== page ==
Ratepayer-funded energy-efficiency programs in a restructured electricity industry: Issues, options, and unanswered questions

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Regulated utilities have, in the past, been responsible for {open_quotes}Public purpose{close_quotes} programs that contribute to the general social good, such as energy-efficiency programs. In several states, continuation of these programs has become a critical issue in forging the consensus required to proceed with restructuring. As a result of reviewing the restructuring process in several states, we expect this trend to continue, but do not believe a single, generic approach can or should be defined. Instead, we expect a variety of solutions based on considerations unique to individual states or regions. To help structure these discussions in states struggling with this ... continued below

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23 p.

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Eto, J.; Goldman, C. & Kito, S. August 1, 1996.

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Regulated utilities have, in the past, been responsible for {open_quotes}Public purpose{close_quotes} programs that contribute to the general social good, such as energy-efficiency programs. In several states, continuation of these programs has become a critical issue in forging the consensus required to proceed with restructuring. As a result of reviewing the restructuring process in several states, we expect this trend to continue, but do not believe a single, generic approach can or should be defined. Instead, we expect a variety of solutions based on considerations unique to individual states or regions. To help structure these discussions in states struggling with this issue, we pose a series of questions and describe a range of possible answers: (1) We encourage state public utility commissions and legislatures to provide clear guidance on goals. (2) Close attention to the primary objectives for energy efficiency is important because the objectives influence the choices of programs and activities to be supported. (3) We advocate that states adopt a pragmatic approach to resolving the potentially contentious issue of determining whether or not utilities should continue to have primary responsibility for program administration, management, and design. The approach we propose involves assessing a utility`s past performance, its cur-rent commitment to energy-efficiency activities, and the potential conflicts of interest presented, if the utility retains a central role in administering energy-efficiency programs after restructuring. (4) A state should first assess policy options to mitigate adverse incentives and conflicts of interest in the utility before examining the possibility of having a non-utility entity assume responsibility for designing and managing energy-efficiency activities. (5) If a state does pursue non-utility administration for ratepayer-funded energy-efficiency programs, explicit attention must be paid to governance and accountability issues.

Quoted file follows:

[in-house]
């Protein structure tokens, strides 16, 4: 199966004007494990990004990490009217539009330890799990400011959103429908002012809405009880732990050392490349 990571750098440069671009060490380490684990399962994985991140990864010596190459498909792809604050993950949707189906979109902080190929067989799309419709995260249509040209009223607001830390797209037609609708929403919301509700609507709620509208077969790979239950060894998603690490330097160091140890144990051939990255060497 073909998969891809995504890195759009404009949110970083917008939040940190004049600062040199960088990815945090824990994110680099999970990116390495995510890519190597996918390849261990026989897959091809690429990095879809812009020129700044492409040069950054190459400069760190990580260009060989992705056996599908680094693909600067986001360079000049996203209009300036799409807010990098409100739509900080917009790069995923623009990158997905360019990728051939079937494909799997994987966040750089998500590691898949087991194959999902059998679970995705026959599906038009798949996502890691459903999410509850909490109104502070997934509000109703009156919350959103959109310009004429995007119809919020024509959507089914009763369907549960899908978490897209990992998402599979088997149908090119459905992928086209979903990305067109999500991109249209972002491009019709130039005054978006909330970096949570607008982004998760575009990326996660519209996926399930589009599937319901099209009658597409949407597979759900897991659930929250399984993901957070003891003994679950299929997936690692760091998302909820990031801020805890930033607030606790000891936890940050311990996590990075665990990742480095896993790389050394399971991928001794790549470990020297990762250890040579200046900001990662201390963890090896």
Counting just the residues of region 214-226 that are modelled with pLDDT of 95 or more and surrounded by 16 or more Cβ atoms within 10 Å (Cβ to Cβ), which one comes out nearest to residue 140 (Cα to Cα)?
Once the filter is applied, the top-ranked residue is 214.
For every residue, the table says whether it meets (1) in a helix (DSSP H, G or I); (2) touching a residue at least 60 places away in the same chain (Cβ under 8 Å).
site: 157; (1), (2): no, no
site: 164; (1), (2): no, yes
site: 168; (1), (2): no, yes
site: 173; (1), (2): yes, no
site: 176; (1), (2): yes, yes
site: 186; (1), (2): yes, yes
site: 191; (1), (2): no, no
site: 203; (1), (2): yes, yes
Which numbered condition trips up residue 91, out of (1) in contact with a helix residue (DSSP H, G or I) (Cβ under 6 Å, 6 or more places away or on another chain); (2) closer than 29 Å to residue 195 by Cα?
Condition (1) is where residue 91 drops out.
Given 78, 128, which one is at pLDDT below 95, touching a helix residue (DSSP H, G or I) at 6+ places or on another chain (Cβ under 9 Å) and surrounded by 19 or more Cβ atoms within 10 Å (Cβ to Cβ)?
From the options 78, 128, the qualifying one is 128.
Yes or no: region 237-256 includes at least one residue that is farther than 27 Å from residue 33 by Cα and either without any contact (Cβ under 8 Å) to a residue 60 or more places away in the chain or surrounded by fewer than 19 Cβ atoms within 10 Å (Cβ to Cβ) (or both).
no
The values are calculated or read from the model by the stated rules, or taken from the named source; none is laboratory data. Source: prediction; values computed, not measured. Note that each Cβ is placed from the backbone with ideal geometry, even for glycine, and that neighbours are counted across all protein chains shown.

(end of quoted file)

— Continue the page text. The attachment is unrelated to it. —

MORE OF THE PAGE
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23 p.

Notes

OSTI as DE97007662

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  • 1996 American Council for an Energy-Efficieny Economy (ACEEE) summer study on energy efficiency in buildings, Pacific Grove, CA (United States), 25-31 Aug 1996

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  • Other: DE97007662
  • Report No.: LBNL--40026
  • Report No.: CONF-9608106--21
  • Grant Number: AC03-76SF00098
  • Office of Scientific & Technical Information Report Number: 491397
  • Archival Resource Key: ark:/67531/metadc676625

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Office of Scientific & Technical Information Technical Reports

Reports, articles and other documents harvested from the Office of Scientific and Technical Information.

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  • August 1, 1996

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  • July 25, 2015, 2:21 a.m.

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  • April 5, 2016, 12:06 p.m.

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Eto, J.; Goldman, C. & Kito, S. Ratepayer-funded energy-efficiency programs in a restructured electricity industry: Issues, options, and unanswered questions, article, August 1, 1996; California. (digital.library.unt.edu/ark:/67531/metadc676625/: accessed November 18, 2017), University of North Texas Libraries, Digital Library, digital.library.unt.edu; crediting UNT Libraries Government Documents Department.